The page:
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Eleanor   By: (1851-1920)

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ELEANOR

BY

MRS. HUMPHRY WARD

WITH ILLUSTRATIONS BY ALBERT STERNER

1900

TO ITALY THE BELOVED AND BEAUTIFUL, INSTRUCTRESS OF OUR PAST, DELIGHT OF OUR PRESENT, COMRADE OF OUR FUTURE: THE HEART OF AN ENGLISHWOMAN OFFERS THIS BOOK.

LIST OF ILLUSTRATIONS

ELEANOR

THE VILLA

LUCY FOSTER

THE BEAUTIFYING OF LUCY

THE LOGGIA

FATHER BENECKE

PART I.

'I would that you were all to me, You that are just so much, no more. Nor yours nor mine, nor slave nor free! Where does the fault lie? What the core O' the wound, since wound must be?'

CHAPTER I

'Let us be quite clear, Aunt Pattie when does this young woman arrive?'

'In about half an hour. But really, Edward, you need take no trouble! she is coming to visit me, and I will see that she doesn't get in your way. Neither you nor Eleanor need trouble your heads about her.'

Miss Manisty a small elderly lady in a cap looked at her nephew with a mild and deprecating air. The slight tremor of the hands, which were crossed over the knitting on her lap, betrayed a certain nervousness; but for all that she had the air of managing a familiar difficulty in familiar ways.

The gentleman addressed shook his head impatiently.

'One never prepares for these catastrophes till they actually arrive,' he muttered, taking up a magazine that lay on the table near him, and restlessly playing with the leaves.

'I warned you yesterday.'

'And I forgot and was happy. Eleanor what are we going to do with Miss Foster?'

A lady, who had been sitting at some little distance, rose and came forward.

'Well, I should have thought the answer was simple. Here we are fifteen miles from Rome. The trains might be better still there are trains. Miss Foster has never been to Europe before. Either Aunt Pattie's maid or mine can take her to all the proper things or there are plenty of people in Rome the Westertons the Borrows? who at a word from Aunt Pattie would fly to look after her and take her about. I really don't see that you need be so miserable!'

Mrs. Burgoyne stood looking down in some amusement at the aunt and nephew. Edward Manisty, however, was not apparently consoled by her remarks. He began to pace up and down the salon in a disturbance out of all proportion to its cause. And as he walked he threw out phrases of ill humour, so that at last Miss Manisty, driven to defend herself, put the irresistible question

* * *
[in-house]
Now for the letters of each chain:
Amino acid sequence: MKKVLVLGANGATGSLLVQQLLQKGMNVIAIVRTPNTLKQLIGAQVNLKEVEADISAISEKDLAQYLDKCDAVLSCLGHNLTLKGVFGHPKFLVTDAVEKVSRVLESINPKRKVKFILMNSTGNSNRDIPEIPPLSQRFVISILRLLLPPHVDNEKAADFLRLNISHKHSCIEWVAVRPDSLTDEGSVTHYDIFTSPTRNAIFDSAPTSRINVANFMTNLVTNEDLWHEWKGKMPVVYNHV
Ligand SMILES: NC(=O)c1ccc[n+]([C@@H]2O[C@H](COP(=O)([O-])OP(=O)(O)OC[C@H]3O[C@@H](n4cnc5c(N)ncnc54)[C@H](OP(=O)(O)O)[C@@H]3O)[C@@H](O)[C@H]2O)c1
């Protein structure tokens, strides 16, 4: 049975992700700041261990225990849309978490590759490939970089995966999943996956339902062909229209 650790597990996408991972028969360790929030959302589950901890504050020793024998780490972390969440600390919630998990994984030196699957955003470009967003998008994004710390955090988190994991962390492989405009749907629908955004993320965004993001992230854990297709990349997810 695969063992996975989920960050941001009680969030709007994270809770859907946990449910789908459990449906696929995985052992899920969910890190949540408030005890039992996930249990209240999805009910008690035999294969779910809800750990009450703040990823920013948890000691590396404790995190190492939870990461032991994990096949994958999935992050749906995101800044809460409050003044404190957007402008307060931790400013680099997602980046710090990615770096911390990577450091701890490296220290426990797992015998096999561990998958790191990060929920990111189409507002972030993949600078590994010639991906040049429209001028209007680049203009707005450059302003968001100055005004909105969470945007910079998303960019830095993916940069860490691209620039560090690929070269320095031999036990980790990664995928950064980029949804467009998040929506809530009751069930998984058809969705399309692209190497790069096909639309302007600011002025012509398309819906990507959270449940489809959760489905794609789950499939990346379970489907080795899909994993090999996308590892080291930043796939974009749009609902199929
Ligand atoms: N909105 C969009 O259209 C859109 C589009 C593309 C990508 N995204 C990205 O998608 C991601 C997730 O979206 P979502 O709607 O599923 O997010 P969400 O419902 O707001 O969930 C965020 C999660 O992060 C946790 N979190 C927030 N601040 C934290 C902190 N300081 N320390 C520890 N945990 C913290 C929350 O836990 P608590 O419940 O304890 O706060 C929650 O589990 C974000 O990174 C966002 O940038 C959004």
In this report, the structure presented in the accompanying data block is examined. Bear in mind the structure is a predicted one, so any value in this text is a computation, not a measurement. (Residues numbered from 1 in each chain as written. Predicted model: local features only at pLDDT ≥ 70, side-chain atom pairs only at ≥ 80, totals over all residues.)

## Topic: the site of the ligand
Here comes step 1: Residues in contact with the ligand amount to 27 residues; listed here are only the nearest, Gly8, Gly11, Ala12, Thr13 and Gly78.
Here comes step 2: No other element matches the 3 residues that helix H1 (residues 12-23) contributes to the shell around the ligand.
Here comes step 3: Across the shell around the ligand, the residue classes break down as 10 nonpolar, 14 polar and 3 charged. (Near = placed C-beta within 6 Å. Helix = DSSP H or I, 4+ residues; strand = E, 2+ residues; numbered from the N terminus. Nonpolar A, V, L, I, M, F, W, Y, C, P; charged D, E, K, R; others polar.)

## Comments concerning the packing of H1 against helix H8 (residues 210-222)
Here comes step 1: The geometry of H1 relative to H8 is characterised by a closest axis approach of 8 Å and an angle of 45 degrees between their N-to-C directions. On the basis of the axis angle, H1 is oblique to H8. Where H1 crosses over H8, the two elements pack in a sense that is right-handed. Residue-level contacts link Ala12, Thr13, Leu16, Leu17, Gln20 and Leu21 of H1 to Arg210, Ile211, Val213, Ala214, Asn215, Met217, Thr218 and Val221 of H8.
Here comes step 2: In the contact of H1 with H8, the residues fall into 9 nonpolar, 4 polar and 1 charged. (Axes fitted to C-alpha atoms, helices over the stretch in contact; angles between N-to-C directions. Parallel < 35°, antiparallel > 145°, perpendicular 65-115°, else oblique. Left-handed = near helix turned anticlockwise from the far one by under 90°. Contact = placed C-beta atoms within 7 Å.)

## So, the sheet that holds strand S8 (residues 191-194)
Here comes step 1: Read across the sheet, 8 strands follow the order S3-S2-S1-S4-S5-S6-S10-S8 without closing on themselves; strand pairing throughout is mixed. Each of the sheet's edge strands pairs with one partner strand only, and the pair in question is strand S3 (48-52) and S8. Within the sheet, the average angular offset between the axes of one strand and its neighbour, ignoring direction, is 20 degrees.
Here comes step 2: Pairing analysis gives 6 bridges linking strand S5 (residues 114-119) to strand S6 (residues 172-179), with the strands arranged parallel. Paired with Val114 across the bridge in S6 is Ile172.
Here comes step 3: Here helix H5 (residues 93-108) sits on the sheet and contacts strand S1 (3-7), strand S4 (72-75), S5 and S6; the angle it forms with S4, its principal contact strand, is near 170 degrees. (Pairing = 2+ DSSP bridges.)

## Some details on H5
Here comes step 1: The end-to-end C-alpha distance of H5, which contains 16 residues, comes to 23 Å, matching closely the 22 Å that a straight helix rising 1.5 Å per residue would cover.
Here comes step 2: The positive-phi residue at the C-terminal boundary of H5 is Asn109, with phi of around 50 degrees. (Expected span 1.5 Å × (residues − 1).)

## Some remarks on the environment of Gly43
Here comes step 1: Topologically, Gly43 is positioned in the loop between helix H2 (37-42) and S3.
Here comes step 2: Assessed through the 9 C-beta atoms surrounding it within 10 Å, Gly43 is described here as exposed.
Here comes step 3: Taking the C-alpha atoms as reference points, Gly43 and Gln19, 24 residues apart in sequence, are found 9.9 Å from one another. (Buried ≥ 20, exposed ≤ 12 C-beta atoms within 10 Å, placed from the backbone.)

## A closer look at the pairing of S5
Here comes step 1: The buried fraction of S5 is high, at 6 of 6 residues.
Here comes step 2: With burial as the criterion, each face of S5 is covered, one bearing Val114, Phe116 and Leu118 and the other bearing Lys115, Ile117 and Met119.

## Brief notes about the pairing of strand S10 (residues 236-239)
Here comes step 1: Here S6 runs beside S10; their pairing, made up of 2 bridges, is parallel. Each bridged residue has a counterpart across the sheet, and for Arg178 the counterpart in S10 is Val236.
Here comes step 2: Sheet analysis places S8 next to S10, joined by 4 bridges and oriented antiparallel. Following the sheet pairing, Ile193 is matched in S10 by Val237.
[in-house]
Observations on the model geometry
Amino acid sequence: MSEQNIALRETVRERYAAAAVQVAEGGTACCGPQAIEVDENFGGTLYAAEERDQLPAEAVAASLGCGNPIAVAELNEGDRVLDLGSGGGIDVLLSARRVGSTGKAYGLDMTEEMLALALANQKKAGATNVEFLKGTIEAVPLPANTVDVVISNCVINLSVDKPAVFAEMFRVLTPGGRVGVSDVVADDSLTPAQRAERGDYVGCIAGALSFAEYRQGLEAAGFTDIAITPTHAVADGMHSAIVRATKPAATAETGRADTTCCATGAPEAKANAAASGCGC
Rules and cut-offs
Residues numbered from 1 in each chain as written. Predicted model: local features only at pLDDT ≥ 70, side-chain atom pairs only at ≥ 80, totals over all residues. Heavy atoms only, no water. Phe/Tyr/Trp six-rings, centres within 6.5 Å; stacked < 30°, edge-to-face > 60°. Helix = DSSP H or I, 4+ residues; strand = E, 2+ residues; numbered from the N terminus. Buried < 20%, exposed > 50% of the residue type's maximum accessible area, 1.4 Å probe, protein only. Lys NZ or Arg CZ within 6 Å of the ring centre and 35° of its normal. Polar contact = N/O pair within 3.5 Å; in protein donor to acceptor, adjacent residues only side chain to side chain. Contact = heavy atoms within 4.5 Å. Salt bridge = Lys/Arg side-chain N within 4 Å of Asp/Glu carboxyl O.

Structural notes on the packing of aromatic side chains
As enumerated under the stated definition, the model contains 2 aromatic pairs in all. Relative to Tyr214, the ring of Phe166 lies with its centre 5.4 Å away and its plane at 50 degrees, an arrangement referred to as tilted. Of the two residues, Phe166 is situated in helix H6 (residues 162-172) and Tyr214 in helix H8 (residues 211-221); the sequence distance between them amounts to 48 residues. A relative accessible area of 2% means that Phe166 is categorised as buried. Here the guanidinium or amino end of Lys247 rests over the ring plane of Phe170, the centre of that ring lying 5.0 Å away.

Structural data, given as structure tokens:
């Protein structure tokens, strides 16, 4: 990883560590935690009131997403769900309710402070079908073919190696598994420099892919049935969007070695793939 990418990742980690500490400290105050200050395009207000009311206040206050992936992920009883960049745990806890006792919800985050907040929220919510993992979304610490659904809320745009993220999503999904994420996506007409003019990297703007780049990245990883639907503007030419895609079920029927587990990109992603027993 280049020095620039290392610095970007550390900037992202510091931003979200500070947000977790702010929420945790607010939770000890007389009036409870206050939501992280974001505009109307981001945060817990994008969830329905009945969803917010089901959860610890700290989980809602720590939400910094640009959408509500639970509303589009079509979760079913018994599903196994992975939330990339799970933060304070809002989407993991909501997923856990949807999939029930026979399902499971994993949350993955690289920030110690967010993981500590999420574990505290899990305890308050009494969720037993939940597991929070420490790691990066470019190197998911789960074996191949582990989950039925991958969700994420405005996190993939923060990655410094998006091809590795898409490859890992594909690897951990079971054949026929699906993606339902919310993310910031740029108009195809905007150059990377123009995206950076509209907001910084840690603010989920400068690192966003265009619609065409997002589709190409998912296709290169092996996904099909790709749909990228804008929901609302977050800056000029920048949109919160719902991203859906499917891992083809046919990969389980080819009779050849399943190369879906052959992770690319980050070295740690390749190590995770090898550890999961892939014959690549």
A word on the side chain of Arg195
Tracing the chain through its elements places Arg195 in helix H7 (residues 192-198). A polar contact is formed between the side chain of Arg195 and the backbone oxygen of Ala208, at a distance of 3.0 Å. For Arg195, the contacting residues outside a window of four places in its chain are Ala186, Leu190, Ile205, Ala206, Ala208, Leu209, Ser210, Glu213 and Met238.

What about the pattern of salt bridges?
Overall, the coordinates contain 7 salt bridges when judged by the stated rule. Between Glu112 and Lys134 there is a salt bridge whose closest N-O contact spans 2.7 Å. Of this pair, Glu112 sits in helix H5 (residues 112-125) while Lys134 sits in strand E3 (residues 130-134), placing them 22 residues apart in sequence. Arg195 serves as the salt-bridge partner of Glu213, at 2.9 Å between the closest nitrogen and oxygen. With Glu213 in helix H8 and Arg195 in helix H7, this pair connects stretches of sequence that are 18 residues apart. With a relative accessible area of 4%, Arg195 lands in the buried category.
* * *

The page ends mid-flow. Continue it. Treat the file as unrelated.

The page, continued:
'Then why why my dear Edward, did you make me invite her? For it was really his doing wasn't it, Eleanor?'

'Yes I am witness!'

'One of those abominable flashes of conscience that have so much to answer for!' said Manisty, throwing up his hand in annoyance. 'If she had come to us in Rome, one could have provided for her. But here in this solitude just at the most critical moment of one's work and it's all very well but one can't treat a young lady, when she is actually in one's house, as if she were the tongs!'

He stood beside the window, with his hands on his sides, moodily looking out. Thus strongly defined against the sunset light, he would have impressed himself on a stranger as a man no longer in his first youth, extraordinarily handsome so far as the head was concerned, but of a somewhat irregular and stunted figure; stunted, however, only in comparison with what it had to carry; for in fact he was of about middle height. But the head, face and shoulders were all remarkably large and powerful; the colouring curly black hair, grey eyes, dark complexion singularly vivid; and the lines of the brow, the long nose, the energetic mouth, in their mingled force and perfection, had made the stimulus of many an artist before now. For Edward Manisty was one of those men of note whose portraits the world likes to paint: and this 'Olympian head' of his was well known in many a French and English studio, through a fine drawing of it made by Legros when Manisty was still a youth at Oxford. 'Begun by David and finished by Rembrandt': so a young French painter had once described Edward Manisty... Continue reading book >>




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